16. Greg Sterling, VP of Insights at Uberall
  17. Lukasz Wlodarczyk, Director of Global Inventory Partnerships, RTB House
  18. Jonathan D’Souza-Rauto, Biddable Product Lead, Infectious Media, part of Kepler Group
  19. Patrick O’Leary, CEO of publisher CRM Boostr
  20. Todd Parsons, Chief Product Officer at Criteo

Here’s a quick summary of our discussion with them.

For Now, Cookie Tracking Is the Best Option

Dmitri Lisitski, Co-Founder and CEO, Influ2
Dmitri Lisitski
Dmitri Lisitski, Co-Founder and CEO, Influ2

“Google has been trying to ‘hack’ cookies by introducing an alternative, an alternative that they’re saying is less personal and more behavioral. However, the alternative that they introduced isn’t really any different than cookies, and the loss of cookies will negatively impact them as well because their primary source of revenue comes from advertising.

There needs to be an alternative or new solution, that is truly different from cookies, but for now, cookies is the best option — even if it isn’t ideal. Because a non-targeted approach is worse, and it will worsen the quality of the advertising experience for both advertisers and consumers. So, ultimately, it is premature to do away with cookies, and the current decision is of benefit to all (but especially advertising platforms — even giants like Facebook). And, this will allow advertisers to survive a little while longer.”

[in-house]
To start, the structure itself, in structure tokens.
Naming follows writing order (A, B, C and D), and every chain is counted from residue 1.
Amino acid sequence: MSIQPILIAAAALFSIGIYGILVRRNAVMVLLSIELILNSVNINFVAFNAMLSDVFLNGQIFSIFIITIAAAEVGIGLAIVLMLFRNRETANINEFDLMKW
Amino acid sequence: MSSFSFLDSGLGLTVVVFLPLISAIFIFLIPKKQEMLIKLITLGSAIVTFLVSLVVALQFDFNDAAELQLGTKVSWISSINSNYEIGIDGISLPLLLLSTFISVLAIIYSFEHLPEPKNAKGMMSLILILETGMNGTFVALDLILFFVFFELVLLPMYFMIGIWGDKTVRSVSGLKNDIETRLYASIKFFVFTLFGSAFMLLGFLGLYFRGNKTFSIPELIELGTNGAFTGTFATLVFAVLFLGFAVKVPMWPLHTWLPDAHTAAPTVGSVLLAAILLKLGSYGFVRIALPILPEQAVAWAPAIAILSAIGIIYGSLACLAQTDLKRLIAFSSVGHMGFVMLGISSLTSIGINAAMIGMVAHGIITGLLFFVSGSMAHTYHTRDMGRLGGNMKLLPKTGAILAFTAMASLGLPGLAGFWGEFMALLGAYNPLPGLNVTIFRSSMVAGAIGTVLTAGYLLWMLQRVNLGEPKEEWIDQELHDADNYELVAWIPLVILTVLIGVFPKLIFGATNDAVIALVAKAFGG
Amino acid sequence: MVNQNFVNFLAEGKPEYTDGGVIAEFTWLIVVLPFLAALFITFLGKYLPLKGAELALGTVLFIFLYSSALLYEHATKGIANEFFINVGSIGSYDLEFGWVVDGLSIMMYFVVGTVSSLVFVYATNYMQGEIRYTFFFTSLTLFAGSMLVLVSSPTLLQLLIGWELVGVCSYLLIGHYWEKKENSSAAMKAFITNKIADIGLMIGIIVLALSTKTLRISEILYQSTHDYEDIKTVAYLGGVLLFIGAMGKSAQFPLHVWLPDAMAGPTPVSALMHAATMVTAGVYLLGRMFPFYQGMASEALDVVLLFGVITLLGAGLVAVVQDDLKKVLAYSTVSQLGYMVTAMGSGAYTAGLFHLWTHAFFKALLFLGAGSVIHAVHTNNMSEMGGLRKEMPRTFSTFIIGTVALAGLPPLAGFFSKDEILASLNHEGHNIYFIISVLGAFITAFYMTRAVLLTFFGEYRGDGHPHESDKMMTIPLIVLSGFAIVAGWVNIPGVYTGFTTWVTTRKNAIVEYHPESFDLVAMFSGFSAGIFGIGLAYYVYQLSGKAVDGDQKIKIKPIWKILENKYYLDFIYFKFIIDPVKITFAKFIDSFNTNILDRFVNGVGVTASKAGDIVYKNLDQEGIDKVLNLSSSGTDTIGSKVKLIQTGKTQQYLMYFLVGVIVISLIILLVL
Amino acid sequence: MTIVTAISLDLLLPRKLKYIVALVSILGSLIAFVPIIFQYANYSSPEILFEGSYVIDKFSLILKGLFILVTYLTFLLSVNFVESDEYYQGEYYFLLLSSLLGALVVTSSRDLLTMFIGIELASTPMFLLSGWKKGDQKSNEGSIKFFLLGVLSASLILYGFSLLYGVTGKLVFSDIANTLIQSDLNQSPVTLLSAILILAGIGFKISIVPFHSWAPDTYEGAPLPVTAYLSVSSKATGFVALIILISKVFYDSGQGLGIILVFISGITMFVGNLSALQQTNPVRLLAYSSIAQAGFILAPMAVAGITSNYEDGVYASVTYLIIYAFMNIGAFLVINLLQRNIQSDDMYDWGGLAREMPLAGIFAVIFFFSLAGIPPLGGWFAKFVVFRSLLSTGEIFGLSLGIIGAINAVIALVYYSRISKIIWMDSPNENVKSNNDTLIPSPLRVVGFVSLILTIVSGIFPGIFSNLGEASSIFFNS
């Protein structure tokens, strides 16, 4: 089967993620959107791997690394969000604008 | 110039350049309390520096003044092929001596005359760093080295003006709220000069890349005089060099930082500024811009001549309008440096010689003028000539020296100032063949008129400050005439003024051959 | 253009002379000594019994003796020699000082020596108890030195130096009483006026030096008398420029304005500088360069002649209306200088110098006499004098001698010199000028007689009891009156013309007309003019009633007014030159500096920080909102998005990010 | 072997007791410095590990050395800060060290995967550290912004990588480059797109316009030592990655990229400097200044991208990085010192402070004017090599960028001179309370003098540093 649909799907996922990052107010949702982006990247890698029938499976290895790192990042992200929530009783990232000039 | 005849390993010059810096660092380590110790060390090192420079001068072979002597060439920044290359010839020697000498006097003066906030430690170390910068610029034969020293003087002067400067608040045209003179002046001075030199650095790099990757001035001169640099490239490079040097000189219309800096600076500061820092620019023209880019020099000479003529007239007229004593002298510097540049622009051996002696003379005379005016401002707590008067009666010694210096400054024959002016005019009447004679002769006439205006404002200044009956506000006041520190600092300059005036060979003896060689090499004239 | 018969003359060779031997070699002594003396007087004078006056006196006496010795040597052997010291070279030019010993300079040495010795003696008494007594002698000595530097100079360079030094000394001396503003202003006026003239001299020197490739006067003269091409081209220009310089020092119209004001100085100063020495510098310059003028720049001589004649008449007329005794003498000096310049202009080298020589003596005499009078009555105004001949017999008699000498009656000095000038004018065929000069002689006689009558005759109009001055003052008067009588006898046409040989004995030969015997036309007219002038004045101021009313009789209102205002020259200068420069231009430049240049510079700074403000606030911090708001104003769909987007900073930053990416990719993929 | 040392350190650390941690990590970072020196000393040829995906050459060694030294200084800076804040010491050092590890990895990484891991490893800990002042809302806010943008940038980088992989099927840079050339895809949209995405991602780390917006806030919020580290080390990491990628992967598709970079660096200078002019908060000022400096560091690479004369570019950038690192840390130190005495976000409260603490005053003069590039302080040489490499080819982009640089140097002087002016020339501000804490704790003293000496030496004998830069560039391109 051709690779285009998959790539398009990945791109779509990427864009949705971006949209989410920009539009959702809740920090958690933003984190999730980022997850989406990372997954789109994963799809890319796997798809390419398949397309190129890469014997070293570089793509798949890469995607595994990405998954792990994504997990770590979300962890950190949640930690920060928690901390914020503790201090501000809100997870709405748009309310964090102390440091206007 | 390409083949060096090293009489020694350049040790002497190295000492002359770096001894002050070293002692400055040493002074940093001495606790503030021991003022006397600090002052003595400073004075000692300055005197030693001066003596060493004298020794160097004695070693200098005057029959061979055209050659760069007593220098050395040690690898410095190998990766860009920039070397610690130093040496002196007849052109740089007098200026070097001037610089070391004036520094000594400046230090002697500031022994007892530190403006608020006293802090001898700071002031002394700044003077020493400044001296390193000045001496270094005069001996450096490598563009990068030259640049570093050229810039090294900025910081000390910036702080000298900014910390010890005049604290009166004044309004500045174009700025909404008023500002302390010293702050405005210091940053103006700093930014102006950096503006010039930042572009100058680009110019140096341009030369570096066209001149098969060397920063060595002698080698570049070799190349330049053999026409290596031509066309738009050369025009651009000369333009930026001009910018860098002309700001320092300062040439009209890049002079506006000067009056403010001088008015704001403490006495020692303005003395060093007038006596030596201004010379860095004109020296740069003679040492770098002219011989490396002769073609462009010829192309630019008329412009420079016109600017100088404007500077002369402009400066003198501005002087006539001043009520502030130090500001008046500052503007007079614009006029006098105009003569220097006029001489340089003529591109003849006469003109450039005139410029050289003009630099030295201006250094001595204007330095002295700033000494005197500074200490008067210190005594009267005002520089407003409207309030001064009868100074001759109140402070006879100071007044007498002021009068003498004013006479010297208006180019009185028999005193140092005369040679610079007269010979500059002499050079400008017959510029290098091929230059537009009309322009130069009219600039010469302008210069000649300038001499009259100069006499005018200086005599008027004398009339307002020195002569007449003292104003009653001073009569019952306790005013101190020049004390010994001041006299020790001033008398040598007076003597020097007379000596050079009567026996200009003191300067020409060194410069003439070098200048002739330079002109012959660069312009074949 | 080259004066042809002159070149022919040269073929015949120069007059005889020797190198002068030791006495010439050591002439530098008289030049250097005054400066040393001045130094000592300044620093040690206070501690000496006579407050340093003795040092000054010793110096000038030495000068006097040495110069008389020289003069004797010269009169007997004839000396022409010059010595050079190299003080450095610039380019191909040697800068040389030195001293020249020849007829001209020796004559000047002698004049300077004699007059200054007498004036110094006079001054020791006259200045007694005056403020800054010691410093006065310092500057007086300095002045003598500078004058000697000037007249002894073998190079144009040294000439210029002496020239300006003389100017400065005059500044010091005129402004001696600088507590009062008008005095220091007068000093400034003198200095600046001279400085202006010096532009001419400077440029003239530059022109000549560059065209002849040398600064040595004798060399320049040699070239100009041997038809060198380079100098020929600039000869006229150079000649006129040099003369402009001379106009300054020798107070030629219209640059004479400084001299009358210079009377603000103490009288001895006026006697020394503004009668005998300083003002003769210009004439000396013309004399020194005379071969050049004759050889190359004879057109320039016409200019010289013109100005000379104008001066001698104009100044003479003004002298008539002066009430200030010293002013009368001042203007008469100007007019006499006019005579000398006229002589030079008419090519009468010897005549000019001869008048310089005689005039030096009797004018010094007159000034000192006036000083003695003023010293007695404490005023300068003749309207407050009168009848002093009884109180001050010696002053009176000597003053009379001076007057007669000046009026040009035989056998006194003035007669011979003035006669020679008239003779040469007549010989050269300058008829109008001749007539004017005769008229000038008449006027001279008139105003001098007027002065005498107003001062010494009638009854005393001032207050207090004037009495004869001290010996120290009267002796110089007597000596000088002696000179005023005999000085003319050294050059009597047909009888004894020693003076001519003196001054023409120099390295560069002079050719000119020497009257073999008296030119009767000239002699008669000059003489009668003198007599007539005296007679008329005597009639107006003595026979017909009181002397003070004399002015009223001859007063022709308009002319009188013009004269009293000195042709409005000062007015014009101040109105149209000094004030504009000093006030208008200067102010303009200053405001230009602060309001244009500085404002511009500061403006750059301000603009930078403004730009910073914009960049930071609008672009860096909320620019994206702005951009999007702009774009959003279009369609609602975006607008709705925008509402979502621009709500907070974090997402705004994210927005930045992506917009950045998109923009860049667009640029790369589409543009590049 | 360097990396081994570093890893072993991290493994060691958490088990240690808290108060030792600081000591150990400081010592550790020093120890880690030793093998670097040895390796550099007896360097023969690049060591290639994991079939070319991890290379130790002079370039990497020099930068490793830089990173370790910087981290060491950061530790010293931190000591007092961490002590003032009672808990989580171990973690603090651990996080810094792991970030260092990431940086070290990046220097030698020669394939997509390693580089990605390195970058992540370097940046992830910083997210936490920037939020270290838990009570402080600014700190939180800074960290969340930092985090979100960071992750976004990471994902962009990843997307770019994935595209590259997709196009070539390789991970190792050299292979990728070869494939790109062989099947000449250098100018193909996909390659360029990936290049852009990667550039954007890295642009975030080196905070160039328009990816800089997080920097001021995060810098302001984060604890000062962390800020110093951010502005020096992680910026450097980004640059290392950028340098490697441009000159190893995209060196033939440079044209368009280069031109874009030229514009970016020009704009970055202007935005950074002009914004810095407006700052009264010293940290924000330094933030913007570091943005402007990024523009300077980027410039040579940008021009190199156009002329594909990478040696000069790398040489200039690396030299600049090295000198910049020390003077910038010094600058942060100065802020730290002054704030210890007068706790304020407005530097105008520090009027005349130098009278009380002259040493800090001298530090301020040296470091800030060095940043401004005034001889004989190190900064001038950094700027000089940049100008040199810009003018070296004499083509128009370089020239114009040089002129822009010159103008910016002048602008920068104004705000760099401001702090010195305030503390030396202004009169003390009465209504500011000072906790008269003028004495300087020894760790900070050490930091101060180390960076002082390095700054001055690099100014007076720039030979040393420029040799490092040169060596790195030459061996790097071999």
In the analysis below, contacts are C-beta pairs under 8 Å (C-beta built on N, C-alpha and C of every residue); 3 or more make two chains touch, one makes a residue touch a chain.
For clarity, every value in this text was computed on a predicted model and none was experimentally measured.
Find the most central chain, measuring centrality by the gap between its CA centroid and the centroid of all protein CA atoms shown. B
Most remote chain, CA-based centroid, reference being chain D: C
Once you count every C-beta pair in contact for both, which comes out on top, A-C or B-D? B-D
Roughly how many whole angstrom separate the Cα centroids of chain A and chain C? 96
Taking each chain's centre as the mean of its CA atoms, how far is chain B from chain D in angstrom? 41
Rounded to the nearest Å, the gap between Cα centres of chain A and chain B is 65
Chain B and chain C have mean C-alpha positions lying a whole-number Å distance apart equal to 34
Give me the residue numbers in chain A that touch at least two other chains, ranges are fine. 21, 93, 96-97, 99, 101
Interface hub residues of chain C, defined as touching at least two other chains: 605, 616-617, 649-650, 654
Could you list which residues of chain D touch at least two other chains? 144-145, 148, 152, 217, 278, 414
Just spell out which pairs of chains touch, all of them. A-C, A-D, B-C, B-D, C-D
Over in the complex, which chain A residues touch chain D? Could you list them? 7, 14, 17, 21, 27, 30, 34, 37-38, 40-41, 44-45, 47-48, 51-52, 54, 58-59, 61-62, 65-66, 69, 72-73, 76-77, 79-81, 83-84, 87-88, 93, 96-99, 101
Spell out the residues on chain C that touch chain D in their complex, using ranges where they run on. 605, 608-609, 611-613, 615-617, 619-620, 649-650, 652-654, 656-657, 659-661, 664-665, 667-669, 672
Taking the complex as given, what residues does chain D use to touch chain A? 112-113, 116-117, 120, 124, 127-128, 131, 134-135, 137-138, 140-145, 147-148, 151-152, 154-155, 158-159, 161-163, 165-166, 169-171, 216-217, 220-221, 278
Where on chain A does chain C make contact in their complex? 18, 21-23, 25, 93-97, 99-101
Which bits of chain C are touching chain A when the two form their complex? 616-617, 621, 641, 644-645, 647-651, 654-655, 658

Google’s Delay Gives Brands More Time, but It Won’t Change This Trend

Amit Ahuja, VP, Experience Cloud Product and Strategy, Adobe
Amit Ahuja
Amit Ahuja, VP, Experience Cloud Product and Strategy, Adobe

“Moving away from third party cookies and toward first-party data puts consumers in control of how their data is used while companies can deliver real-time experiences that are most relevant to consumers.

Google’s delay gives brands more time, but it won’t change this trend. First-party data is the future of brand-consumer relationships built on trust—not just for advertising, but for all digital experiences.

Our customers understand the urgency in making this shift and we are partnering with them on next-gen customer data platforms [CDPs] that focus on first-party data and connect disparate data across the organization.”

FLoC Has Been Plagued With Skepticism- Give it More Time

Anthony Capano, North America Managing Director, Rakuten Advertising
Anthony Capano
Anthony Capano, North America Managing Director, Rakuten Advertising